Last week, while in Washington, D.C., I visited the National World War II Memorial, the Korean War Veterans Memorial, and the Vietnam Veterans Memorial. They are solemn reminders of the cost of war. Twenty million Americans served, and over half a million died, in these three wars.
On this Veterans Day, the United States is again at war. As of Nov. 9, the Iraq War has claimed the lives of over 1,200 U.S. and coalition troops, and untold thousands of Iraqi civilians. More than 8,100 Americans have been wounded in action.
Although no permanent monument has been erected to the Iraq War, local chapters of the national organization Veterans for Peace have set up a variety of memorials. Most notable is the "Arlington West" project on the beach in Santa Barbara, Calif. A small white cross has been planted in the sand for each American soldier killed, and these are illuminated by candles at night. Of course, the memorial keeps growing as the war drags on.
By now everyone has seen the plastic yellow ribbons stuck on cars and trucks all across the country, with the phrase "Support Our Troops." When I first saw these I assumed they symbolized support for the Iraq War. Then I remembered that displaying yellow ribbons first became popular 25 years ago, during the Iran hostage crisis. The message then was: bring the American hostages home now. So, perhaps the unintended but apropos message today is: bring American troops home now.
Since this war began, I have wondered what people really mean by the phrase "Support the troops." I have suspected that, for many people, "Support the troops" means refraining from publically dissenting against the war or questioning President Bush's foreign policy. I have always thought we can support our military personnel without necessarily pledging support to the war itself. After all, millions of well-informed, patriotic Americans view the Iraq War as a strategic blunder, at best.
Last week's presidential election, and the campaigns that led up to it, made unbearably clear how divided and polarized our populace is. Reasonable persons can differ about whether the Iraq War was wise or justified or necessary. Whether one supports the war, or is angered by it, resigned to it, or confused about it, I believe the vast majority of Americans can agree that our men and women in the armed forces deserve our respect and support.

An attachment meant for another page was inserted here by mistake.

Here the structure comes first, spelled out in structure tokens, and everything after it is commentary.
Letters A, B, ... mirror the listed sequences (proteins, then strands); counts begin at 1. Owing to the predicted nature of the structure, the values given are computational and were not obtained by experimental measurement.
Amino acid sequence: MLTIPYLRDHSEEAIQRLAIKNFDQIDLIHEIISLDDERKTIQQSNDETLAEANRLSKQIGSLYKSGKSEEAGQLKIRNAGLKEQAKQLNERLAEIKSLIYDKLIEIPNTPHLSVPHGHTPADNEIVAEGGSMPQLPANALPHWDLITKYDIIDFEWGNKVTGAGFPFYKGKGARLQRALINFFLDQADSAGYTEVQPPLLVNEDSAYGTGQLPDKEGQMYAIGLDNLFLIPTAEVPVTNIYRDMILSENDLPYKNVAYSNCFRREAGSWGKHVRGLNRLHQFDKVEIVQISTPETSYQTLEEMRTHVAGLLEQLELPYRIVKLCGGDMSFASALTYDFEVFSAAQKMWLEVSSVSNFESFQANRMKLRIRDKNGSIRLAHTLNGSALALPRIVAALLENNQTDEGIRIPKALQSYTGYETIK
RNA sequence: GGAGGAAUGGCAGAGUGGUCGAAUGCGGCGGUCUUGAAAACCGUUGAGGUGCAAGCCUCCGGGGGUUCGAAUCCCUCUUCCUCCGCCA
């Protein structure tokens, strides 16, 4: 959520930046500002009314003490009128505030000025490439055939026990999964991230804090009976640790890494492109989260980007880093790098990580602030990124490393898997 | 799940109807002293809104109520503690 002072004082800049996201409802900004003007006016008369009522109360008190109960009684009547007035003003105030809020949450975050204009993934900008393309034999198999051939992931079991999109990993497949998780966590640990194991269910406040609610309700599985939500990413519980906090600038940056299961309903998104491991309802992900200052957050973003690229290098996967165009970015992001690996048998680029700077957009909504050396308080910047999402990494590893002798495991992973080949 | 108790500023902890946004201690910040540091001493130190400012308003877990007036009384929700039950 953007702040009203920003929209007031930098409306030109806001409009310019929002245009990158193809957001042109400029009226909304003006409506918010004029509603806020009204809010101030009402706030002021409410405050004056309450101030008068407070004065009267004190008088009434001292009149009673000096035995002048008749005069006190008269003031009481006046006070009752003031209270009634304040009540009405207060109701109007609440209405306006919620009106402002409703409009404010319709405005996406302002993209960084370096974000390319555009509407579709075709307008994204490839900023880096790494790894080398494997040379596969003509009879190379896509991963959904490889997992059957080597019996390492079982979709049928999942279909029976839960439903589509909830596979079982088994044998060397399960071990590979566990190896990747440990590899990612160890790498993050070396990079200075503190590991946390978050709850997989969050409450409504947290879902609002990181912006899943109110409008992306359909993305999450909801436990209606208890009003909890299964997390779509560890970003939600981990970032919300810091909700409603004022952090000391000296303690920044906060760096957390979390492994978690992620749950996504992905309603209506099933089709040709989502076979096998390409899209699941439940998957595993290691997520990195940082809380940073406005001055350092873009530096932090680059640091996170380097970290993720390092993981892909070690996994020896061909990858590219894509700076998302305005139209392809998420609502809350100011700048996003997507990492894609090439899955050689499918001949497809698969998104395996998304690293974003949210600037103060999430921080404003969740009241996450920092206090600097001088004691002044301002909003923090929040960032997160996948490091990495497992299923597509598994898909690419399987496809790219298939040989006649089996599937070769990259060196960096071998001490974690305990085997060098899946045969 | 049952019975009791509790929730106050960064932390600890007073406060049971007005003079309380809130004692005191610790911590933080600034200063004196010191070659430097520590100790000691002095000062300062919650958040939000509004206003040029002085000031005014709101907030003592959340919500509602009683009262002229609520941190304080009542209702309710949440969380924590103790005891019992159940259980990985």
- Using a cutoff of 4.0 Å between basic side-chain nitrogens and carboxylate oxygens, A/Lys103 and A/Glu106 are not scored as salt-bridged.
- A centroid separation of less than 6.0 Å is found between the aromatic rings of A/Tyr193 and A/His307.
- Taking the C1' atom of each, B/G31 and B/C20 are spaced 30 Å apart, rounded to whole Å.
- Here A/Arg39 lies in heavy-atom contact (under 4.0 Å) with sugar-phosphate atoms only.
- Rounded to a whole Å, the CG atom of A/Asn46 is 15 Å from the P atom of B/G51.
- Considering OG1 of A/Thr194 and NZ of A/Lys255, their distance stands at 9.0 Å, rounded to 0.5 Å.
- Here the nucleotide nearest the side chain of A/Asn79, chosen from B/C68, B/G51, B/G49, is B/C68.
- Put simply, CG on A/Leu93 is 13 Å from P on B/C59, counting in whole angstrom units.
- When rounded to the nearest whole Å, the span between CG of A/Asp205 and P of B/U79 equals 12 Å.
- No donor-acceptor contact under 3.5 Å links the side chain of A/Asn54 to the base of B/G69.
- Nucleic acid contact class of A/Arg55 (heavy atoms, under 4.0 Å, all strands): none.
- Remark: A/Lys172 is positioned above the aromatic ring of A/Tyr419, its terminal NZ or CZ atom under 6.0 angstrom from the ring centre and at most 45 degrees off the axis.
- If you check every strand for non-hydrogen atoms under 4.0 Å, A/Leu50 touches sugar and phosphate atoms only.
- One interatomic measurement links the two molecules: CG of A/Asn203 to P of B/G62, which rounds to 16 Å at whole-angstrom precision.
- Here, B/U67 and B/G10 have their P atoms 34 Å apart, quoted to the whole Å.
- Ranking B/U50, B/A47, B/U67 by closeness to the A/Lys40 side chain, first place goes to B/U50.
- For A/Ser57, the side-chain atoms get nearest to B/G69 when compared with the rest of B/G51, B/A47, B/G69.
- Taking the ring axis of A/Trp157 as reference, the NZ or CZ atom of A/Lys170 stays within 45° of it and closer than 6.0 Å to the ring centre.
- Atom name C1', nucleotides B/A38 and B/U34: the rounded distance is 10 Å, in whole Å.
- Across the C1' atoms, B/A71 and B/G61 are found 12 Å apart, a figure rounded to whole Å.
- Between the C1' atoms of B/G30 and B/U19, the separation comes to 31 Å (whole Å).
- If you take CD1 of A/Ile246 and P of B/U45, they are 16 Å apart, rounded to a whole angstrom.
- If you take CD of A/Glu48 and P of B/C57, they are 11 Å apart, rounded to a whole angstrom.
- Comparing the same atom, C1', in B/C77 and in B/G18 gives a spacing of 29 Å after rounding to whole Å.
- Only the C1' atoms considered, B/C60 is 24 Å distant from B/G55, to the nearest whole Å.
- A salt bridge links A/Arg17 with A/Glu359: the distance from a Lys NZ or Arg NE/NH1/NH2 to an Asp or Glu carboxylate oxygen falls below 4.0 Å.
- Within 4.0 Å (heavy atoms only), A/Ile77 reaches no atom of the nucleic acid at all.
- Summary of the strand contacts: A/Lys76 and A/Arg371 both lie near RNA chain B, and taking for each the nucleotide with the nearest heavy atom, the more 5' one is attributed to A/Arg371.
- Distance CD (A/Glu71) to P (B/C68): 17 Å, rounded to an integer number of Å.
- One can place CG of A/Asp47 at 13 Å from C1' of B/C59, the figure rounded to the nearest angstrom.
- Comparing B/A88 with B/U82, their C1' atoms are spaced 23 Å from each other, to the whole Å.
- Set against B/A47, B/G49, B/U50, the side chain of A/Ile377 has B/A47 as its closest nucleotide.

Our soldiers do what we ask of them, regardless of politics. They aim to protect us, and they serve the nation honorably. In good faith, our military personnel rely on us, and the political leaders we elect, to use their selfless service wisely and nobly. Our duty to those who perform their patriotic duty is not to put them in harm's way needlessly; to support them and their families while they are at war; and to care for them when they have completed their service. And those who do not return home alive or in one piece must never be forgotten.
There are many practical ways to support our active duty troops in Iraq and elsewhere. A Department of Defense Web site (www.defendamerica.mil/support_troops.html) lists over 50 links to private and government programs citizens can participate in to show their support for our men and women in uniform and their families. Those who feel that supporting active duty troops in this way constitutes morally objectionable support for the war may still be able, with a clear conscience, to support disabled veterans through a variety of veterans organizations and agencies, such as the Disabled American Veterans (www.dav.org) or the Veterans Administration (www.va.gov/disvetres.html).
At the very least, we can all remember those who have died or made other sacrifices while serving our country. This is a time to reflect, to honor, and to mourn.
Ed Hein is a U.S. Army veteran and a member of Juneau Chapter 100, Veterans for Peace.
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